Not being the natural parent I find I can see things easier than either of the real parents can, yet I also miss other things. I can see Simon is out of his body, and what he might need to get in it. I had trouble seeing that the tears, which I judged him for shedding at the drop of a hat, were roadsigns to an emotional maturity that only recently have I claimed. I, like most men, was not allowed to cry as a child, or at least not with the frequency and abandon that I saw Simon, and I realised that made an emotional coward of me. I also saw Mirella dominate the household, my household, and after speaking about it, Leigh and I instigated changes in that which she actually loved. I also got to see that two-year-old girls have rights too. Leigh was a pretty democratic mum in that she would consult her kids about important questions. I could see it was sometimes too much responsibility to place in such young minds and only served to confuse them. Making those decisions for them helped them to relax enormously. 

I found it odd to be a father figure to a couple of kids who didn’t know I existed 18 months ago. These kids have a similar genetic make-up to their father, good and bad. I have the odd conversation with the father, men’s stuff generally, mostly staying out of the dramas that happen between divorcees. I can see though that the things that piss Leigh off about her ex are the same things that piss me off about her kids, which are exaggerated whenever they return from a few days with him.

I am blessed the kids have a fantastic mother. Leigh decided early on that basically she was a single mum living with her lover, and that whatever input she received from me was a bonus. Fortunately her ex is quite wealthy and pays her a reasonable child support each month and the divorce settlement eases the financial pressures. She chose to make our relationship her priority, and to consciously shoulder responsibility for the kids, probably like the actuality in most marriages, not force me to share them. This does wonders as it frees me to love these kids in my own way at my own pace. I enjoy the fact that sometimes the kids stay with their father which gives us time for us, to go out spontaneously, sleep in, have weekends in bed; all the things a single person takes for granted.

One issue we’ve had was around Leigh protecting her kids from me, and me from them. If they did something that disturbed me then she would deal with it, until I realised that this un-involvement was undermining my position in my home. So while it had been easier to be in the safer role of friend, I chose to assert myself more in this area. Leigh trusted me with her life, yet it took quite a letting go for her to allow me to deal with her kids when they breached their boundaries. Once I took more responsibility for how the kids behaved, or rather my response to their behaviour, and started setting and enforcing boundaries, the kids actually began to trust me more, to feel safe with me.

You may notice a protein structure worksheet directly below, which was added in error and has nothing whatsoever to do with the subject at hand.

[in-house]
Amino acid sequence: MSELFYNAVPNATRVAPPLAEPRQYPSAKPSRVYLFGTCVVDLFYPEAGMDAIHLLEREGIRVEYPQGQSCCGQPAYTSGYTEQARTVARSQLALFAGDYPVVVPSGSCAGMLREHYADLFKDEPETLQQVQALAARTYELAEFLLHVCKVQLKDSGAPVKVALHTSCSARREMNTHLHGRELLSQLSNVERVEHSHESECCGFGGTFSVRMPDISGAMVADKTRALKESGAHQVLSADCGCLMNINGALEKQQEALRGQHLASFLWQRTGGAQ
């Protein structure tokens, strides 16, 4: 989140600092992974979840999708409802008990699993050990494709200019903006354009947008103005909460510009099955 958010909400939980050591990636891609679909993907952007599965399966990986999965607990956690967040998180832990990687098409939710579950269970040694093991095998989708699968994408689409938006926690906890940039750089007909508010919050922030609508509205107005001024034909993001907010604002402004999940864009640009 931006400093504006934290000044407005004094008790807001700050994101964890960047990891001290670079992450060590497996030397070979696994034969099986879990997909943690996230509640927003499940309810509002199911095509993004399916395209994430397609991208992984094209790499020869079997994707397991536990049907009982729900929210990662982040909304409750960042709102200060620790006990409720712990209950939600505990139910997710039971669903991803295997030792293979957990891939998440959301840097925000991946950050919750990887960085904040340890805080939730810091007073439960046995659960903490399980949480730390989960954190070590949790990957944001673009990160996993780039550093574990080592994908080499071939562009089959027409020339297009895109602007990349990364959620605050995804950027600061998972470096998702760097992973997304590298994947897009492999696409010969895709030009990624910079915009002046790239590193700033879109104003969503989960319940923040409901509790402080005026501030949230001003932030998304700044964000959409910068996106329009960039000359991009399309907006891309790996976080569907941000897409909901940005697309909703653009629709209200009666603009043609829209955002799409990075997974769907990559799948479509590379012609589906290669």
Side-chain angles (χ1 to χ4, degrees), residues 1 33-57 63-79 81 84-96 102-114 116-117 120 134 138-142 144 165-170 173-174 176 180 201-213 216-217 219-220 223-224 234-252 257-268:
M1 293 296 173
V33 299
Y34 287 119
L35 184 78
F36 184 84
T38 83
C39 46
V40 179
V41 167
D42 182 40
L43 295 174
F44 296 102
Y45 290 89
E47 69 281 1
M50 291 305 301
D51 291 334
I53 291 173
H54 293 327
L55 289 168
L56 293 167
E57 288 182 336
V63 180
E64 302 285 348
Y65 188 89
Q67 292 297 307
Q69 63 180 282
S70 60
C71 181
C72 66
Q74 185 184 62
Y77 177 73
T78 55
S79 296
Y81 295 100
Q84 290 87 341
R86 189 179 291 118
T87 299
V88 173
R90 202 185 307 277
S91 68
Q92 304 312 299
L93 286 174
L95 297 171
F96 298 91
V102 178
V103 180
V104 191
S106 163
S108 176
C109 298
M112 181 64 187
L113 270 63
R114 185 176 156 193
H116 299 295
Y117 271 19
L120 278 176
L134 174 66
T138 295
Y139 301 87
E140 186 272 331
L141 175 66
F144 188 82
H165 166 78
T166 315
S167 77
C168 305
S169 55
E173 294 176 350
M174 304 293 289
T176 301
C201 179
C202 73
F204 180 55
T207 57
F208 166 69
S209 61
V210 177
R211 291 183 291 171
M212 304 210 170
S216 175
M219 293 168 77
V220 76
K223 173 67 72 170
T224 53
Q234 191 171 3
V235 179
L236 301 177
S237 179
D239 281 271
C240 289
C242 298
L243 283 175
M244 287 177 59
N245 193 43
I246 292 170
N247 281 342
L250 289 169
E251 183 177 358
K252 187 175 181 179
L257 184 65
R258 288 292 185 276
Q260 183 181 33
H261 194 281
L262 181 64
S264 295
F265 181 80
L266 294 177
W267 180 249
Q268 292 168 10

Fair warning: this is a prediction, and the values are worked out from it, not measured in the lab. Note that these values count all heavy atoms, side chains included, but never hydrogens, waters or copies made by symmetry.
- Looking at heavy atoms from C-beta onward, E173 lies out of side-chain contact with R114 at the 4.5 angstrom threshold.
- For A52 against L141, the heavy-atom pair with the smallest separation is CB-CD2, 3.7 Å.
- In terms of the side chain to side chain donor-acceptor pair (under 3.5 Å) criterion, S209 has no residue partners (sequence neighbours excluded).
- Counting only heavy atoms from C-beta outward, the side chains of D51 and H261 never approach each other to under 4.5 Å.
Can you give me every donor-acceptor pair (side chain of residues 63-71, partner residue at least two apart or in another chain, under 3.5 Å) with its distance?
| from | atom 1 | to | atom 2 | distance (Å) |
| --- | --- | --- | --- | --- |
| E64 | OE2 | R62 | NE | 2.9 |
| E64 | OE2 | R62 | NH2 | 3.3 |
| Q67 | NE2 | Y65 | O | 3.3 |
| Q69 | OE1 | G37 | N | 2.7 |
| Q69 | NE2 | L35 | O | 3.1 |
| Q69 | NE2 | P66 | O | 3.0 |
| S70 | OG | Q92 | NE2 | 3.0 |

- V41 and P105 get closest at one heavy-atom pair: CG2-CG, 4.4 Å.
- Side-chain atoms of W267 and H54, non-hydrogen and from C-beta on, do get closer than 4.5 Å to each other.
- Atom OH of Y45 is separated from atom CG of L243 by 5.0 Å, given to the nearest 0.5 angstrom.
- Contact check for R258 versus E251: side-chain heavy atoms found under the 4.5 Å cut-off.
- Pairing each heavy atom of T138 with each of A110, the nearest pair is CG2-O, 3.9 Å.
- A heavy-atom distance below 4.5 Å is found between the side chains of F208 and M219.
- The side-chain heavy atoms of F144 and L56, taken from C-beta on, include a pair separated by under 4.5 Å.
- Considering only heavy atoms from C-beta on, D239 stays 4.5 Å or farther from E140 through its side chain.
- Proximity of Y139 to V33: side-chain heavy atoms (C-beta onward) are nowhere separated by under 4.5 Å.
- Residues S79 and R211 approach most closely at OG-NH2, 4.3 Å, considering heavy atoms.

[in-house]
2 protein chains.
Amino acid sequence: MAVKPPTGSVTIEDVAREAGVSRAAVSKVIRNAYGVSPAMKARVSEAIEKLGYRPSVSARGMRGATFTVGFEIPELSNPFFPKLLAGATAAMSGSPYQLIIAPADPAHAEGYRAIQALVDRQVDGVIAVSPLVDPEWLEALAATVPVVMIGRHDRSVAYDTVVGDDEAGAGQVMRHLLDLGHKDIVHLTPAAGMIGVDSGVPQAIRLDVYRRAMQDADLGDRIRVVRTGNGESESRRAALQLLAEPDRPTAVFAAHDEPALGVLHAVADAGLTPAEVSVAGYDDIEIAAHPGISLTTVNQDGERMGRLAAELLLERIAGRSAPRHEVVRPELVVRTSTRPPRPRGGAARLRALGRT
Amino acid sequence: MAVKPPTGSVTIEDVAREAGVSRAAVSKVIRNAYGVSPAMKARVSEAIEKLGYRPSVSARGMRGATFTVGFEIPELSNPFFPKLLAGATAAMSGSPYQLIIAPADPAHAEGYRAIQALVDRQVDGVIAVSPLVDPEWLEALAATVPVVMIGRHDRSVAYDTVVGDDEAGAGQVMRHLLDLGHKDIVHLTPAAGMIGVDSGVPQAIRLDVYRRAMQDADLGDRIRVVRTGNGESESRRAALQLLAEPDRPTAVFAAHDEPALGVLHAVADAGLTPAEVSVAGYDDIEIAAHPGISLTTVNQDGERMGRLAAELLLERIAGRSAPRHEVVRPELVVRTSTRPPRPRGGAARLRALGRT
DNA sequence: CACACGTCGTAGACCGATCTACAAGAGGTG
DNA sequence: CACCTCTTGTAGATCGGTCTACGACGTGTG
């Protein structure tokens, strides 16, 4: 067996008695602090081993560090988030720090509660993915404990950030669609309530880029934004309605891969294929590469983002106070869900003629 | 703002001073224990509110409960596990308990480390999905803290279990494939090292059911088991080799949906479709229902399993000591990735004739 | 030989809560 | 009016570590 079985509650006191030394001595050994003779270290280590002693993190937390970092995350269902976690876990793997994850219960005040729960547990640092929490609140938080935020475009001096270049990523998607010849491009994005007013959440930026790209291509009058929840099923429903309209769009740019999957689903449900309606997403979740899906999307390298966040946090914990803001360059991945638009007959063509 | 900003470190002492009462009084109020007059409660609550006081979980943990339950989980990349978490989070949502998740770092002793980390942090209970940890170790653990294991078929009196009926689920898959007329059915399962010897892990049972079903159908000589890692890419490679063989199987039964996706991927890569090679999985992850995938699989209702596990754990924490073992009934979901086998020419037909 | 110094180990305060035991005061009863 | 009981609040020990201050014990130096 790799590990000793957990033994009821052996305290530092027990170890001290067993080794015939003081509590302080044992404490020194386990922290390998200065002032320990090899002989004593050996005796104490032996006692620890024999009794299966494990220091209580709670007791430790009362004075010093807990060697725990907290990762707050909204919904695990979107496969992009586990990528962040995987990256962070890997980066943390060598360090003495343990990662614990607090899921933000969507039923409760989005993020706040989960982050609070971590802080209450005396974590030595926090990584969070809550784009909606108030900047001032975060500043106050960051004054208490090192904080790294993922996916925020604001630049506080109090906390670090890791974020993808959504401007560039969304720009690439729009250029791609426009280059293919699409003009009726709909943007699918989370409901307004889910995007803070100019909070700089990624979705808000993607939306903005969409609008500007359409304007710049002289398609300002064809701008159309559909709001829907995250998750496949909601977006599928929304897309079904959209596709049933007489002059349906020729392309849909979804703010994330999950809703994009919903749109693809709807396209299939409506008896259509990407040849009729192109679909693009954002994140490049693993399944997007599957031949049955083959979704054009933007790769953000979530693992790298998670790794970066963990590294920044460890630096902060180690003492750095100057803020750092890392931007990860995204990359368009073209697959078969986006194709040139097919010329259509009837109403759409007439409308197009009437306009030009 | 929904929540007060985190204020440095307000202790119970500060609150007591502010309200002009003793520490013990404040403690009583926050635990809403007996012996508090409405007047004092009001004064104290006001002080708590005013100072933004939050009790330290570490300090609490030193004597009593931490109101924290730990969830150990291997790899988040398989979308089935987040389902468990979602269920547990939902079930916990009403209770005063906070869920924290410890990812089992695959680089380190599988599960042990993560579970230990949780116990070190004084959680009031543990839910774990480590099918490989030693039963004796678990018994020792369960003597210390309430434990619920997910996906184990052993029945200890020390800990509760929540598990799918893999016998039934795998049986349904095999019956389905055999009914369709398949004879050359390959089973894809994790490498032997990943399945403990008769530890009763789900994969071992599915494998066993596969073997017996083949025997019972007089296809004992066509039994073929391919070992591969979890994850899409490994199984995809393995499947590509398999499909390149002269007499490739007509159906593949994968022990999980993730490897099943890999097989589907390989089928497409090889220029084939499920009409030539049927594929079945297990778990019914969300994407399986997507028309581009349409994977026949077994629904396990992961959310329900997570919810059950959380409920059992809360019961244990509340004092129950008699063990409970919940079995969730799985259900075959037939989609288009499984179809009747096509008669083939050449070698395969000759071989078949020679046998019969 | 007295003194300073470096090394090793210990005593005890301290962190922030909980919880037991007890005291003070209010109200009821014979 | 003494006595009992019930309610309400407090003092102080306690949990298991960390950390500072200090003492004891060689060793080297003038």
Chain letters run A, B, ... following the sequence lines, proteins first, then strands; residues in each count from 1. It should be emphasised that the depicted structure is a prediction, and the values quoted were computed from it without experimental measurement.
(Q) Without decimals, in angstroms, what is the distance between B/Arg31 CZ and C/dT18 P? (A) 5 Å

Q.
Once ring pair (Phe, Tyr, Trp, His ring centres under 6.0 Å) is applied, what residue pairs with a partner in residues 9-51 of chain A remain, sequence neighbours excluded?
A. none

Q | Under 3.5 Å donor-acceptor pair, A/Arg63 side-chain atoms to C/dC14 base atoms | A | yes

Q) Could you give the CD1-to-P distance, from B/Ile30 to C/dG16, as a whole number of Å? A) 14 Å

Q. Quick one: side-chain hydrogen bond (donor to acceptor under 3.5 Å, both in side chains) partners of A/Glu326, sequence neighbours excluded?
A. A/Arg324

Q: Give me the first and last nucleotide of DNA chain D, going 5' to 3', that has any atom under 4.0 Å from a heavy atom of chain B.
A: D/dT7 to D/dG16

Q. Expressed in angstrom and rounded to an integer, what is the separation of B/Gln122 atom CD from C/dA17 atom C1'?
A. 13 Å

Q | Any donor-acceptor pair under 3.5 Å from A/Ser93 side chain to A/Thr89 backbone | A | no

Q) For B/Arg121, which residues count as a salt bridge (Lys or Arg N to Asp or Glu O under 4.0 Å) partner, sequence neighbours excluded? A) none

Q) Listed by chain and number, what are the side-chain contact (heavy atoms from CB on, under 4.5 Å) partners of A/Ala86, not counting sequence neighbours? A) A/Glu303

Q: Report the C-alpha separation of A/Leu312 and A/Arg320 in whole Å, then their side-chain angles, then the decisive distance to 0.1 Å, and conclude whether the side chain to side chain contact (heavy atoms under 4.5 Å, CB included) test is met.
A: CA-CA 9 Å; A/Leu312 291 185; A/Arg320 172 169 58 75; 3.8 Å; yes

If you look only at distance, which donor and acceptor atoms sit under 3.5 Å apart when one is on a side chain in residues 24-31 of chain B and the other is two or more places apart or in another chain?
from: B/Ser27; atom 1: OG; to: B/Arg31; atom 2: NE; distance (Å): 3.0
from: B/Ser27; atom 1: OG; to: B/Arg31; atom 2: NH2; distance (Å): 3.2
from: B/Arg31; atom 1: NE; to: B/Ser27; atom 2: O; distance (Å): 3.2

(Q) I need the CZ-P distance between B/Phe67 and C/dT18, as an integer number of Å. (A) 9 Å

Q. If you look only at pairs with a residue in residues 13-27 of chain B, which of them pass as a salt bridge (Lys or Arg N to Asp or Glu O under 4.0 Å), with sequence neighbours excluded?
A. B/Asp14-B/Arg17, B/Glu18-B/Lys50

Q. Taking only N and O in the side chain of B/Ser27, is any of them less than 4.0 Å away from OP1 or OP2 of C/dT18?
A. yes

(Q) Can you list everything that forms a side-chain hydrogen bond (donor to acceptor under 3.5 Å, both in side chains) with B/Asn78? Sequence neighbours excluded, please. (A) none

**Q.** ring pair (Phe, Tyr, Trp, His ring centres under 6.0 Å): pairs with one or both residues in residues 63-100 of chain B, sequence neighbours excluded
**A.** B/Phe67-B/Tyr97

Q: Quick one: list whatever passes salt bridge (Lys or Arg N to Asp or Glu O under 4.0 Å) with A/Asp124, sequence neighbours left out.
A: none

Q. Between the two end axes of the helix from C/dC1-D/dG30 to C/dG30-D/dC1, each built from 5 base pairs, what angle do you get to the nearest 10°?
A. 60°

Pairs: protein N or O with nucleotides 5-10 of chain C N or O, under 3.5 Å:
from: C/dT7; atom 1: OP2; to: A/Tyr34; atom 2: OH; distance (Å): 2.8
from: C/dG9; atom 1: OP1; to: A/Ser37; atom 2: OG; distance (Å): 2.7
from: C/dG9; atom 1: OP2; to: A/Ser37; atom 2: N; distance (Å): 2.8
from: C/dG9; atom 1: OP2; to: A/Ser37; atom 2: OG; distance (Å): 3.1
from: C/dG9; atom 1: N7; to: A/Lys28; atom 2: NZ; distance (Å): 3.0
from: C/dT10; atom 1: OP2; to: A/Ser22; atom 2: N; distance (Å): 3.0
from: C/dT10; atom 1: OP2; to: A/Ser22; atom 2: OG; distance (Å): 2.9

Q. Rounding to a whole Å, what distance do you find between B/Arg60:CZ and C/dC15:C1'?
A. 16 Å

Initially Leigh was also protecting me from them. If I wanted to watch the news on TV she would make sure the kids didn’t disturb me, or she would make sure they didn’t wake me up in the morning, or she would ensure that the house was always clean and sterilised of all kid signs. Slowly slowly many of these protections have disappeared, with no doubt more to come. Primary parents separated from their co-parent can feel burdened with parenthood, and are particularly sensitive about burdening others, especially if it happens to be a lover who can choose to leave. This puts them into a very vulnerable situation which may actually manifest in keeping others away, particularly those they want to be intimate with.

We talk about having a child together, which should we decide to do so will no doubt present me and us with a whole new slather of issues, which we both trust we will be able to deal with as and when they arrive. Being a step-parent has been a great bridge from being ‘free’ to considering parenthood. As it has stretched me, it has made me a bigger person for which I am very grateful.

Published in byronchild/Kindred issue 4, December 02